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When entering the US, you are required to show forth a return ticket in order to get it. As a rather spontaneous person, I hate making plans, and would like to leave the US and go home when I feel like (within a couple of weeks of course), instead of having to stick to a ticket ordered weeks in advance.

To overcome this problem, I'm thinking this: I will instead purchase a "flex-ticket" home, which is a little more expensive, but also fully refundable. Which I can show in the airport upon arrival, and then cancel afterwards, giving me the option to purchase a new ticket home when I feel like it.

Is this hacking the system, or would it be OK - I'm in doubt because it seems almost too easy.

Cheers - Jakob, Denmark

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I'll be travelling with Norwegian btw –  Jakob May 29 at 22:49
    
why not get the cheapest return ticket and then just fail to show up at the airport? return tickets are almost always cheaper than one-way tickets. –  JonathanReez May 29 at 23:01
    
@NikitaSokolsky That would be about 200 bugs out the window, so don't really see that as an option.. haha –  Jakob May 29 at 23:21

3 Answers 3

up vote 7 down vote accepted

The requirement to have pre-booked return travel is essentially to demonstrate that you have the means (money) to return home at the conclusion of your visit. It is not necessary to actually take the flight you have booked (nobody will check). So, you can book any flight back home and then change it to what you actually want later.

Anecdotally, one time I did this I bought an onward "flex-ticket" (no fixed travel date) which was printed on an A4 sheet in some nonstandard form. When I arrived in my destination country (not the US in my case), immigration asked about return or onward travel, and were a bit confused about the ticket that I presented (they said they hadn't seen one quite like that before). It turned out fine though. Later I got a full refund for that ticket, but I had to show a long-term visa to the airline before they would give it to me. If I had to do that again, I would have bought a fully-refundable dated normal ticket somewhere else to reduce confusion.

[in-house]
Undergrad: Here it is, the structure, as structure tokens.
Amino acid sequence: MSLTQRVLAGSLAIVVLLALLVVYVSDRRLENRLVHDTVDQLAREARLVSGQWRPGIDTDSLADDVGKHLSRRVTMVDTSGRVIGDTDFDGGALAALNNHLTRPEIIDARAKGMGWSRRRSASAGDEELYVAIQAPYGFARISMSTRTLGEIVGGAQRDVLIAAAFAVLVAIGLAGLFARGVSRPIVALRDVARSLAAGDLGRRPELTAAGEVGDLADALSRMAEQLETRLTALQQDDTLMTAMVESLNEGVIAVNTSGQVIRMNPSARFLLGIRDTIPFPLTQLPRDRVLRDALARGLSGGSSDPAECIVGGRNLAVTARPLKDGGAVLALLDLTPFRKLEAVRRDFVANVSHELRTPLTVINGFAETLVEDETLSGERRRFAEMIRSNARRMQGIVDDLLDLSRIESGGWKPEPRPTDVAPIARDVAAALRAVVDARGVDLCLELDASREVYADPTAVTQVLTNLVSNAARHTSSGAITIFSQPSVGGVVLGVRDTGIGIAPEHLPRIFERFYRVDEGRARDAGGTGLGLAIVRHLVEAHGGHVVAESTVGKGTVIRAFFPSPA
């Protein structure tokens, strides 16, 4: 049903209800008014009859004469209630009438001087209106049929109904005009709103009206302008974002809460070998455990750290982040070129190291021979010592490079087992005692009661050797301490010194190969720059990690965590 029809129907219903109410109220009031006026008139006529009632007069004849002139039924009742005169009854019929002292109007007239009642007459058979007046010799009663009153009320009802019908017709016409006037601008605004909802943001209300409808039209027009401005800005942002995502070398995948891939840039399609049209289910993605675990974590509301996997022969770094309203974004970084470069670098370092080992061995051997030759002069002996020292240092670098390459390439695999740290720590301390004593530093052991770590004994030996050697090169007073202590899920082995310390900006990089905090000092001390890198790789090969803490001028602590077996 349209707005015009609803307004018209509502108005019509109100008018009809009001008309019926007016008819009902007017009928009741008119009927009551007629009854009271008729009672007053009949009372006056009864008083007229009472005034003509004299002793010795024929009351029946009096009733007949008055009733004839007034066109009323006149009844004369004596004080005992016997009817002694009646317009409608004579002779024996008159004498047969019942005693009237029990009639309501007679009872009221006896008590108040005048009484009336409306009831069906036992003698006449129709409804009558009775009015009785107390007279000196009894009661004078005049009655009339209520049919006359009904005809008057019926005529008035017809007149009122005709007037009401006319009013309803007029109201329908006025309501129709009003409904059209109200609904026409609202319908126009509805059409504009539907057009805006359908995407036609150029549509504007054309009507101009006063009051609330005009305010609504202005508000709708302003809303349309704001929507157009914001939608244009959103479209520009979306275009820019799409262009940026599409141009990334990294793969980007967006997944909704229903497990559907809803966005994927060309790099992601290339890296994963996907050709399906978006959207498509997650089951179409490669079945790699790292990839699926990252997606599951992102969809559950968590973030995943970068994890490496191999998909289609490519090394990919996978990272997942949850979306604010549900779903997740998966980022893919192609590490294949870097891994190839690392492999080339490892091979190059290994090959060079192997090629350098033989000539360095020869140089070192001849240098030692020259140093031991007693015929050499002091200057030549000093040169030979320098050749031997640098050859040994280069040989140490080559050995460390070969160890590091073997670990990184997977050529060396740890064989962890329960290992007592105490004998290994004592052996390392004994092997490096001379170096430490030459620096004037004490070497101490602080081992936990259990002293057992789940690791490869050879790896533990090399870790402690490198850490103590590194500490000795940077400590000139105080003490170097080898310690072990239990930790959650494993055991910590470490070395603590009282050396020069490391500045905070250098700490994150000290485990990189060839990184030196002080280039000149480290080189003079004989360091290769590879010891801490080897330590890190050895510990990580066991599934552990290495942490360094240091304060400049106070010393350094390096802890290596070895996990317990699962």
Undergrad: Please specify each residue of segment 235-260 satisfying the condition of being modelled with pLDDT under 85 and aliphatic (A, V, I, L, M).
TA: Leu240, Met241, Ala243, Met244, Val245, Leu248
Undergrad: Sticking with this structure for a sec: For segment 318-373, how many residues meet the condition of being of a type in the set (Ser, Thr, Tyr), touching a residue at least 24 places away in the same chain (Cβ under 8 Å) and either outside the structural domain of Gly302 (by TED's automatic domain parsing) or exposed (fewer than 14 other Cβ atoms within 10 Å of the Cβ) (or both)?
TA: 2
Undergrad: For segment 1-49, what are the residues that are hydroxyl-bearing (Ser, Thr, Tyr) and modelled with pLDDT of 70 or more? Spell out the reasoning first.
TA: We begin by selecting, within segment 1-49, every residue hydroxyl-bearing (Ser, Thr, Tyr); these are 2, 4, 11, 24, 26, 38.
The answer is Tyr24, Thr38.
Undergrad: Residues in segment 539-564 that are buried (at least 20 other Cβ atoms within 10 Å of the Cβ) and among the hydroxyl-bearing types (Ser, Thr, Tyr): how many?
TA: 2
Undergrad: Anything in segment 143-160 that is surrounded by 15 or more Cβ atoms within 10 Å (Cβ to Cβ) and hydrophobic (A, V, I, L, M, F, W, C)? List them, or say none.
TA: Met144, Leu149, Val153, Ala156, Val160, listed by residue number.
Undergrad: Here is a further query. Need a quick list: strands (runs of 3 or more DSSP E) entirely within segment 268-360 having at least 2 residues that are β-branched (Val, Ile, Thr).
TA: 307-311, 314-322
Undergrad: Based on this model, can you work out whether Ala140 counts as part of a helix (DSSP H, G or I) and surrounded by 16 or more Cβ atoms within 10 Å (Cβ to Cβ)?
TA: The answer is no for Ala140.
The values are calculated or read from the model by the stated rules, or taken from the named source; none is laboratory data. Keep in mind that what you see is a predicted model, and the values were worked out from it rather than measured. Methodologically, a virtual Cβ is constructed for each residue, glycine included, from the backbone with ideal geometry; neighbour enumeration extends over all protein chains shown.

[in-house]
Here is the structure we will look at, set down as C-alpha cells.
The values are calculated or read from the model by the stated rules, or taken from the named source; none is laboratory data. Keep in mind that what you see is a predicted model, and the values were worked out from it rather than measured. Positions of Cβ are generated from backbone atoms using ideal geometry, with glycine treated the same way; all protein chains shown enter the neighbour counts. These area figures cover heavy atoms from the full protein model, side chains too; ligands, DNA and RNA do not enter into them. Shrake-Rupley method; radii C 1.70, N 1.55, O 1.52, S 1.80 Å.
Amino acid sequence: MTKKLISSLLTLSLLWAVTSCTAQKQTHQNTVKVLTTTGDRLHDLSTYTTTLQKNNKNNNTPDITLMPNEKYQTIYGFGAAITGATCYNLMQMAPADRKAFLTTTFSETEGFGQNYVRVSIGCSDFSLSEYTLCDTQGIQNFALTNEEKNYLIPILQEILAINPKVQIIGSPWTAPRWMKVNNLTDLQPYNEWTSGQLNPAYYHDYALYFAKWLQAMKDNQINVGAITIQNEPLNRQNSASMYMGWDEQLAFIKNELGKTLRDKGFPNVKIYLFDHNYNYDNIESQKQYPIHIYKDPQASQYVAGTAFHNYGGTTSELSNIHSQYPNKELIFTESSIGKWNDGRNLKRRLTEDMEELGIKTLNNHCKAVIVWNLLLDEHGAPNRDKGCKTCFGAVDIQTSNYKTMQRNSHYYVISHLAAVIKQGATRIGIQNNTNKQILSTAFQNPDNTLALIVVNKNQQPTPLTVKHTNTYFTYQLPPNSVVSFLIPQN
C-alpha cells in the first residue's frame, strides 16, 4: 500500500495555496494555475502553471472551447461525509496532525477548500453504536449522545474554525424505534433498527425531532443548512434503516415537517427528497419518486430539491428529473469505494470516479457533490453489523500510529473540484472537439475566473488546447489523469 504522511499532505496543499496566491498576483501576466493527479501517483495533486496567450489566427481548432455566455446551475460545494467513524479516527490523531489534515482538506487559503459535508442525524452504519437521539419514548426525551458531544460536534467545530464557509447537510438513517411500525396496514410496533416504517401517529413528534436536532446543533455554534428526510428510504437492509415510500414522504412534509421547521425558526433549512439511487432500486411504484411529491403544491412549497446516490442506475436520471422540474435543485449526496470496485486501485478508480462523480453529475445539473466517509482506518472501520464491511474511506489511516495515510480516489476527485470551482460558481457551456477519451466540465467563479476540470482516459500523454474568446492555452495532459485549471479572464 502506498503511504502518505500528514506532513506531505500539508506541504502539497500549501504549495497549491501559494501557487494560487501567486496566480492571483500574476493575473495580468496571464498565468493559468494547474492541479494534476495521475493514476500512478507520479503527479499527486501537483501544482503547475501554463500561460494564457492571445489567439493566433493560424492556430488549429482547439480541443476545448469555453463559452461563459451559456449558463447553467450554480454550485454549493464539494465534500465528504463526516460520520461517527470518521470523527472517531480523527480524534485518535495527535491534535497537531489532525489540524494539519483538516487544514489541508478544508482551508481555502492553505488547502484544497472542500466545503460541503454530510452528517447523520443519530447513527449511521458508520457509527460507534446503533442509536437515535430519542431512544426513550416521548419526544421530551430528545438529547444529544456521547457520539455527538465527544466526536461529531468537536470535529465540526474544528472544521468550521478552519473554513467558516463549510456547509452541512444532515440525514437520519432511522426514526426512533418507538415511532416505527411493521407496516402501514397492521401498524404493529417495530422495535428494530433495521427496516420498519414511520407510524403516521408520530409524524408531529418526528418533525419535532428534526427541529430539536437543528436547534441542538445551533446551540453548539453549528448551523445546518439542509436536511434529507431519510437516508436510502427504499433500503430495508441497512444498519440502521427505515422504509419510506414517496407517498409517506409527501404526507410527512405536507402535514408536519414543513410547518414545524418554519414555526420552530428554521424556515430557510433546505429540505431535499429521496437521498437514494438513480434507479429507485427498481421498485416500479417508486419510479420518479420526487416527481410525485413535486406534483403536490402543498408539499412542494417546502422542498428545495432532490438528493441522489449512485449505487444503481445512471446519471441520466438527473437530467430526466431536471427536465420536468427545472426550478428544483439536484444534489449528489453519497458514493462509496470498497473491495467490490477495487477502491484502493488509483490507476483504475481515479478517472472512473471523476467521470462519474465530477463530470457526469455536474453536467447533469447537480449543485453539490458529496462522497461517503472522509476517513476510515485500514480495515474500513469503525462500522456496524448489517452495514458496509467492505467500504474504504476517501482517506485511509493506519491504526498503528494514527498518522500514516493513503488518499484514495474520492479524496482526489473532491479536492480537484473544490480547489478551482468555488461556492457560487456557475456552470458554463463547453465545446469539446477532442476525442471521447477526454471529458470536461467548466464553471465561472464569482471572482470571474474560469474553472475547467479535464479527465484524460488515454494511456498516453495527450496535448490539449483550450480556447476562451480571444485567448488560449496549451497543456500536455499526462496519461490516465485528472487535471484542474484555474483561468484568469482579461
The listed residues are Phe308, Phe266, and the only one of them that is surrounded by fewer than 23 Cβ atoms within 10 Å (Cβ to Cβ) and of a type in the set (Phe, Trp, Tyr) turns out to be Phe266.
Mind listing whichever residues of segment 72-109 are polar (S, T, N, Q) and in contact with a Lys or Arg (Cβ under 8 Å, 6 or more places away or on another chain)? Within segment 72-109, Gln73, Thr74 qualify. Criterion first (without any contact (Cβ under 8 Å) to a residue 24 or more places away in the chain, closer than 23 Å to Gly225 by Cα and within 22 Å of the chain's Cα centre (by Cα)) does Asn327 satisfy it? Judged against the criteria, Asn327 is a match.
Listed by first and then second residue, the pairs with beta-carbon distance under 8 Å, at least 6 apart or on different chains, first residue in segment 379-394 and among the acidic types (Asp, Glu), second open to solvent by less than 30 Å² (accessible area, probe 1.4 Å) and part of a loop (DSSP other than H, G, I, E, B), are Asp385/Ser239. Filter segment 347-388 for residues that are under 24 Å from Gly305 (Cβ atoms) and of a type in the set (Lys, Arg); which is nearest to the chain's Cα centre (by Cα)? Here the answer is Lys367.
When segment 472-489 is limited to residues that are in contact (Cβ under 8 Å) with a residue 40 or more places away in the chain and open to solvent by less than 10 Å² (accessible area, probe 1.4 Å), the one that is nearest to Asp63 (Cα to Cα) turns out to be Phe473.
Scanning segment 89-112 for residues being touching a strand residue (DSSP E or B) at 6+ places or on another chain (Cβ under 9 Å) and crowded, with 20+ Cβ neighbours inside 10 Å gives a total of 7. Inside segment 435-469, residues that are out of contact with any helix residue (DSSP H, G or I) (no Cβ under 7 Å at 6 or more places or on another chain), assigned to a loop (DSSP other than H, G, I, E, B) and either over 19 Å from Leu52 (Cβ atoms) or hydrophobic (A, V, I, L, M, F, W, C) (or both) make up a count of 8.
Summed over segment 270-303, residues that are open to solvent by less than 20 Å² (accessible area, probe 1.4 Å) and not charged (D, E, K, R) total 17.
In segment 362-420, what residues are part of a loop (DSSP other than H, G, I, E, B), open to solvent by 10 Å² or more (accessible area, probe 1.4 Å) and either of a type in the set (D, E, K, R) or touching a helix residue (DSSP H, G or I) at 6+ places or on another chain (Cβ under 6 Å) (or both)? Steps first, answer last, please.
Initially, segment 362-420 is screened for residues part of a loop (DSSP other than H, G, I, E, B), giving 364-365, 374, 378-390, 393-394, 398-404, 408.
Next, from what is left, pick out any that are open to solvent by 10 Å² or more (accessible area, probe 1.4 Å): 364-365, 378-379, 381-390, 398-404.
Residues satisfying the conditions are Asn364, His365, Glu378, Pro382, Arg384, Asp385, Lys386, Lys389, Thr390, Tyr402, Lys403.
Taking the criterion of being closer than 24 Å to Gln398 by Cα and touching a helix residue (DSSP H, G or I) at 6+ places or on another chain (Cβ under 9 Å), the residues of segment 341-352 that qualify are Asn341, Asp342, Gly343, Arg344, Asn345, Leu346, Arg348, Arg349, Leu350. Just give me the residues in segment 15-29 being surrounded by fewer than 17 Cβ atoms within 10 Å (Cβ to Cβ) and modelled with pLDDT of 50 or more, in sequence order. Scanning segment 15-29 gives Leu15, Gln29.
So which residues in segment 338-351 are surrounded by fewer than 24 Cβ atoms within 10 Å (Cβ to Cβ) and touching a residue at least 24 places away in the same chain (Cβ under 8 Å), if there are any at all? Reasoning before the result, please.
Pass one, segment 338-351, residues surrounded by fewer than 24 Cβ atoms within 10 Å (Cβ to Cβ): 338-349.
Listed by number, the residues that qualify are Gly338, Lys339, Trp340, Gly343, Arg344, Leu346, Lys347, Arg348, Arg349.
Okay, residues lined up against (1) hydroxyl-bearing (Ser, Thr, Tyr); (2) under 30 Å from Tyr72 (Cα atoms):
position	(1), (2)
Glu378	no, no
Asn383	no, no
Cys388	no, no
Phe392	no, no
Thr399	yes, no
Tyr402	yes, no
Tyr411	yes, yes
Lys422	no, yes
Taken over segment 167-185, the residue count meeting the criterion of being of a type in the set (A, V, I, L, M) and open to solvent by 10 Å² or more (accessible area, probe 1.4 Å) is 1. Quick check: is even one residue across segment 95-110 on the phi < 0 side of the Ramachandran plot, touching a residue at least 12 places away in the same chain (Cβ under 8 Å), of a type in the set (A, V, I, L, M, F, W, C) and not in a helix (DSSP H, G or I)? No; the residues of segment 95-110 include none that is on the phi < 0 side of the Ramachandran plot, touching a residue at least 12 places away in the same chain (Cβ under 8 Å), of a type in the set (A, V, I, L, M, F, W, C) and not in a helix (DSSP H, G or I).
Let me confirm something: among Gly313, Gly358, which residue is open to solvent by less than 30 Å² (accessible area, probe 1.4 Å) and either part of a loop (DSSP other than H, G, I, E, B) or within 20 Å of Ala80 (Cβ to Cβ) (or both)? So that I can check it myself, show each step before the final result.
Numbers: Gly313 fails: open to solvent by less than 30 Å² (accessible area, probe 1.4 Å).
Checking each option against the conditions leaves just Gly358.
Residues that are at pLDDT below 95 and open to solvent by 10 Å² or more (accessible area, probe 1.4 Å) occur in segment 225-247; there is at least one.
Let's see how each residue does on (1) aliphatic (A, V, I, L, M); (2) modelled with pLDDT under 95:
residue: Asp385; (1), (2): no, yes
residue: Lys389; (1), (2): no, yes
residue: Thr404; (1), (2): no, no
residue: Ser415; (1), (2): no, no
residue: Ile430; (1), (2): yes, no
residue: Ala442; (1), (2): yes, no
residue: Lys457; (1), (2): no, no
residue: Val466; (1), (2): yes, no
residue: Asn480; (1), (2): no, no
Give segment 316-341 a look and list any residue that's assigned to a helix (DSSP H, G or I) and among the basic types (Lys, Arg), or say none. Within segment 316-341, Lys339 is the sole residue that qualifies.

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Given that the flight doesn't even need to be a flight - I've used a bus ticket in the past, as evidence I'll leave the USA (Seattle to Vancouver), and then changed to a flight. All it is, is a means to confirm you have both intention to leave, and the capability and cash to leave - ie have afforded a ticket before spending your tourist dollars on Blackjack in Vegas ;)

Once you're in the country, there's nothing against you changing your plans, as long as you follow the terms of your visa (eg don't overstay, don't break the law etc).

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Thanks very much, clears some misconceptions I've had about the reason for that rule, and makes sense at that. Is it enough that the ticket goes to Canada just? Because I think I've read somewhere that it needed to be to a country outside North America, and Columbia for that matter. But not sure. –  Jakob May 29 at 23:19
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@Jakob: You can use a ticket to Canada. However, note that travelling to Canada does not reset the 90-day maximum stay in the US that you get under the VWP. (There are many other questions about this on the site.) This is only relevant if you want to go to the US again after Canada. If you fly from Canada to anywhere outside North America, then you can stay in Canada for as long as the Canadians will let you (unrelated to how long you spent in the US just before that). –  Greg Hewgill May 29 at 23:23
    
Okay, thank you - and sorry for the repost then –  Jakob May 29 at 23:41

The return flight ticket is only to show them that you won't overstay in the US. My recommendation is to book the round trip ticket and just pay some extra money to change the returning ticket after you enter the US.

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